• One answer is “Dr. Umbehr doesn’t have to worry about being defrauded because unlike an insurance company, he’s not giving any of his own money to people.” His patients exclude anyone that has a third party pay for their care; any third party, such as an insurance company or government, that was responsible for lots of people and promised no red tape would soon lose its ability to avoid making fraudulent payments.

      • I’m not claiming special knowledge about what selection filters are in play. That’s a hard problem that professional actuaries deal with. But I think it’s an important part of evaluating better solutions in a space where it is expensive to answer the question: why hasn’t anybody else done this obvious thing, but even more expensive to fail.

  2. I really like this, and I think it can pretty readily dovetail with my preferred solution for the healthcare system, universal catastrophic coverage.

    Ed Dolan has done a lot of work promoting this and it’s the preferred solution of the Niskanen Center (see for instance Essentially you set a percentage of a household’s income above the poverty line as a deductible (say 10%) and put a household-wide out of pocket maximum of say 20% of income, and then all expenses above that can be paid for. This way, people in poverty can be completely covered on the first dollar, while middle class people have reasonable rates (similar to the medium to high deductible plans on the ACA), and the rich pretty much just have to pay for everything themselves.

    We might modify it slightly by providing everyone with a health savings account prefilled to some reasonable level to pay for their primary care services.

  3. I doubt that willingness to give discounts for being superior will scale well, and a few other objections raised above make sense, but that doesn’t mean it will be reduced to nothing.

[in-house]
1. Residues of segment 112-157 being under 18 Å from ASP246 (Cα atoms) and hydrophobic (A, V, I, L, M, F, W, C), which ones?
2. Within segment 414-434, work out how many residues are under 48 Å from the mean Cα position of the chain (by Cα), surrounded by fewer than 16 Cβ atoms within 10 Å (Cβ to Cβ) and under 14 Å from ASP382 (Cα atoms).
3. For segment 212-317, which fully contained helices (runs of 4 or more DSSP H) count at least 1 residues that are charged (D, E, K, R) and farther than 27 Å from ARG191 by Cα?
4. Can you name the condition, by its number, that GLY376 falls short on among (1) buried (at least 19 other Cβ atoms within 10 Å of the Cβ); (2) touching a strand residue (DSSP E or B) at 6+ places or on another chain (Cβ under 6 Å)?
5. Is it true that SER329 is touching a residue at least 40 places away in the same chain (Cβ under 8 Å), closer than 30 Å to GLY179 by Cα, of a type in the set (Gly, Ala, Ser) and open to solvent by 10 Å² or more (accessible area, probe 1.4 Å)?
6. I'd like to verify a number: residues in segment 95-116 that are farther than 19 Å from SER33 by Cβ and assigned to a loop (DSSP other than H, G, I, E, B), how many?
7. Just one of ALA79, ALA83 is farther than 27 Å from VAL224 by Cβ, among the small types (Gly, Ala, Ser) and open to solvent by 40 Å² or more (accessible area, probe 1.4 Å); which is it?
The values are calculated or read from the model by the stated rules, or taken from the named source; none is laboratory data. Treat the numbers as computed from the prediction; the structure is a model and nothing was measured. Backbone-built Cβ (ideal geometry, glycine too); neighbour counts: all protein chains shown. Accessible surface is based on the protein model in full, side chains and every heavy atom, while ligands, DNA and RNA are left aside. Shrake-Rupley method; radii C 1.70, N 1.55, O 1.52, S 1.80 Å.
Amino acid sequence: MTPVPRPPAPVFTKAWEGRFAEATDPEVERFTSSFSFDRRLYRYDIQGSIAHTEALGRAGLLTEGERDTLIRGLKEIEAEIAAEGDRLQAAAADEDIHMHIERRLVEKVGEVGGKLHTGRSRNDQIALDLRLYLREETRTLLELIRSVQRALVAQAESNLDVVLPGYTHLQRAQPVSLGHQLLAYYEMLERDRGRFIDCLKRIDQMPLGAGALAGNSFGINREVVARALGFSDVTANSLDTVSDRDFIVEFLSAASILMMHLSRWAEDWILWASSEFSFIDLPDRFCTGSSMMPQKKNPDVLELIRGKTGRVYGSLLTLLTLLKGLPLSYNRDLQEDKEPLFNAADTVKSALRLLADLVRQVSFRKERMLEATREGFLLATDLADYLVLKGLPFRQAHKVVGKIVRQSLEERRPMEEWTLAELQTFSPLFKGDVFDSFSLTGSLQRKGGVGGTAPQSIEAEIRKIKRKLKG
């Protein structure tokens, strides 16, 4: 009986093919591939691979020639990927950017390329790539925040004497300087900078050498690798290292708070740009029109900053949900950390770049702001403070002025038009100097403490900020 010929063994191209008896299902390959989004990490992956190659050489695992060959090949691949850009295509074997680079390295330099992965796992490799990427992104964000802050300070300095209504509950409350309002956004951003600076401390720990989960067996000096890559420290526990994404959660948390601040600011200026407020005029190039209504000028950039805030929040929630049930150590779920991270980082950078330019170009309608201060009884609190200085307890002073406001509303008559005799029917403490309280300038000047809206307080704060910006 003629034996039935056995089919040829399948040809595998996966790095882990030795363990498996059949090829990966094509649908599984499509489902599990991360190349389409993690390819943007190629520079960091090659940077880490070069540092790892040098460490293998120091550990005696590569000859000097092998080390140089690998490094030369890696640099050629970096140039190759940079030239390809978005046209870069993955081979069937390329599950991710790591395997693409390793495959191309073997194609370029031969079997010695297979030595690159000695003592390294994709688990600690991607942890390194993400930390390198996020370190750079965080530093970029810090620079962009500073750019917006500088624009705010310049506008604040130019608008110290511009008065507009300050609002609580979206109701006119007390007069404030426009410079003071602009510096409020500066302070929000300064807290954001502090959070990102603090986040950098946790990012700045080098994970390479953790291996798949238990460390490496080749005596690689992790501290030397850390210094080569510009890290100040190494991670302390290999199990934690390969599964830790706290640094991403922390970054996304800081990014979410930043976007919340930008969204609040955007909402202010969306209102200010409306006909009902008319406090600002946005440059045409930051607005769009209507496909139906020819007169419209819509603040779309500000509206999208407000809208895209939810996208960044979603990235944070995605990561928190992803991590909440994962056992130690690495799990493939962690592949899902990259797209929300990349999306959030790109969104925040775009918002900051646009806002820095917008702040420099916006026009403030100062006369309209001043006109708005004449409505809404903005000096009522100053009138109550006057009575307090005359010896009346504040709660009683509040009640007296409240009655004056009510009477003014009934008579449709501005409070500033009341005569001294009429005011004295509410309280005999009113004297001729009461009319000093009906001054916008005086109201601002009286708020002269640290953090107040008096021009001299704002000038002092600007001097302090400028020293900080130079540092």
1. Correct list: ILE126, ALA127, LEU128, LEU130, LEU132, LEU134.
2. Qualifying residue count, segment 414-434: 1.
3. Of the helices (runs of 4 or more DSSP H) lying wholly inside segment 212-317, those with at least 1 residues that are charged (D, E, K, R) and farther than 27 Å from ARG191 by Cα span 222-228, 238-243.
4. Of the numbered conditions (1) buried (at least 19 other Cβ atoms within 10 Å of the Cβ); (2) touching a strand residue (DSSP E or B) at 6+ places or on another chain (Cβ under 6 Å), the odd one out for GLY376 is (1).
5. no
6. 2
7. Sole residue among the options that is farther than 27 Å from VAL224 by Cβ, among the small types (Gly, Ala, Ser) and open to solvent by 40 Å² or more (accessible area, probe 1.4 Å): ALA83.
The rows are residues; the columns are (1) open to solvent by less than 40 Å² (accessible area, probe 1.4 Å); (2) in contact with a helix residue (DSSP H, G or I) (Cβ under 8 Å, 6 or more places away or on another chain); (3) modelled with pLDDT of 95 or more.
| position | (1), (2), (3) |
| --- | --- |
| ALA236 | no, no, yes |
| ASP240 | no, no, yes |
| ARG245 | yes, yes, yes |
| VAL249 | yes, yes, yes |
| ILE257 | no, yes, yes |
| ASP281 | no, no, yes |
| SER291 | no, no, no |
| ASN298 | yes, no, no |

4. I don’t think he’s actually saying 95%, cheaper, only the standard bullshit of “up to 95% cheaper.”
    95% cheaper would be very suspicious. If he can do this, why can’t socialized medicine do it? British healthcare is about half the cost of American, but I think it’s pretty evenly half the cost, not this part 5% and the rest the same. (The rest of Europe has less coherent systems and thus less negotiating ability, but they have the cited advantage over the American system of actually paying bills.) If there is some part of health care that he claims to deliver much cheaper than NHS, you should be suspicious and that would be a good place to look for new barriers. Of course, you should seek to do better than NHS; I’m just saying that it’s probably not easy. And maybe it is easy to match it.

    • My expectation regarding the efficiency of the NHS is much greater than US medical but much MUCH less than Japanese medical, for instance, which manages 1/4th the price with a much older population..

      • I draw attention to NHS because of the specific strategy of negotiation (and the topic of scaling), not because I think it’s particularly good. I don’t have an opinion on whether British medicine should be better or more efficient than, say, French medicine, but I think it’s pretty mysterious that they’re so similar, both in cost and in specific treatments, despite the different organization of NHS and the existence of NICE.

        Japan spends about as much as Britain. Maybe adjusting for age it should count as 4x as efficient as US, but your statement appears to double count this adjustment. Does anyone compile such adjustments, to compare Europe to Japan?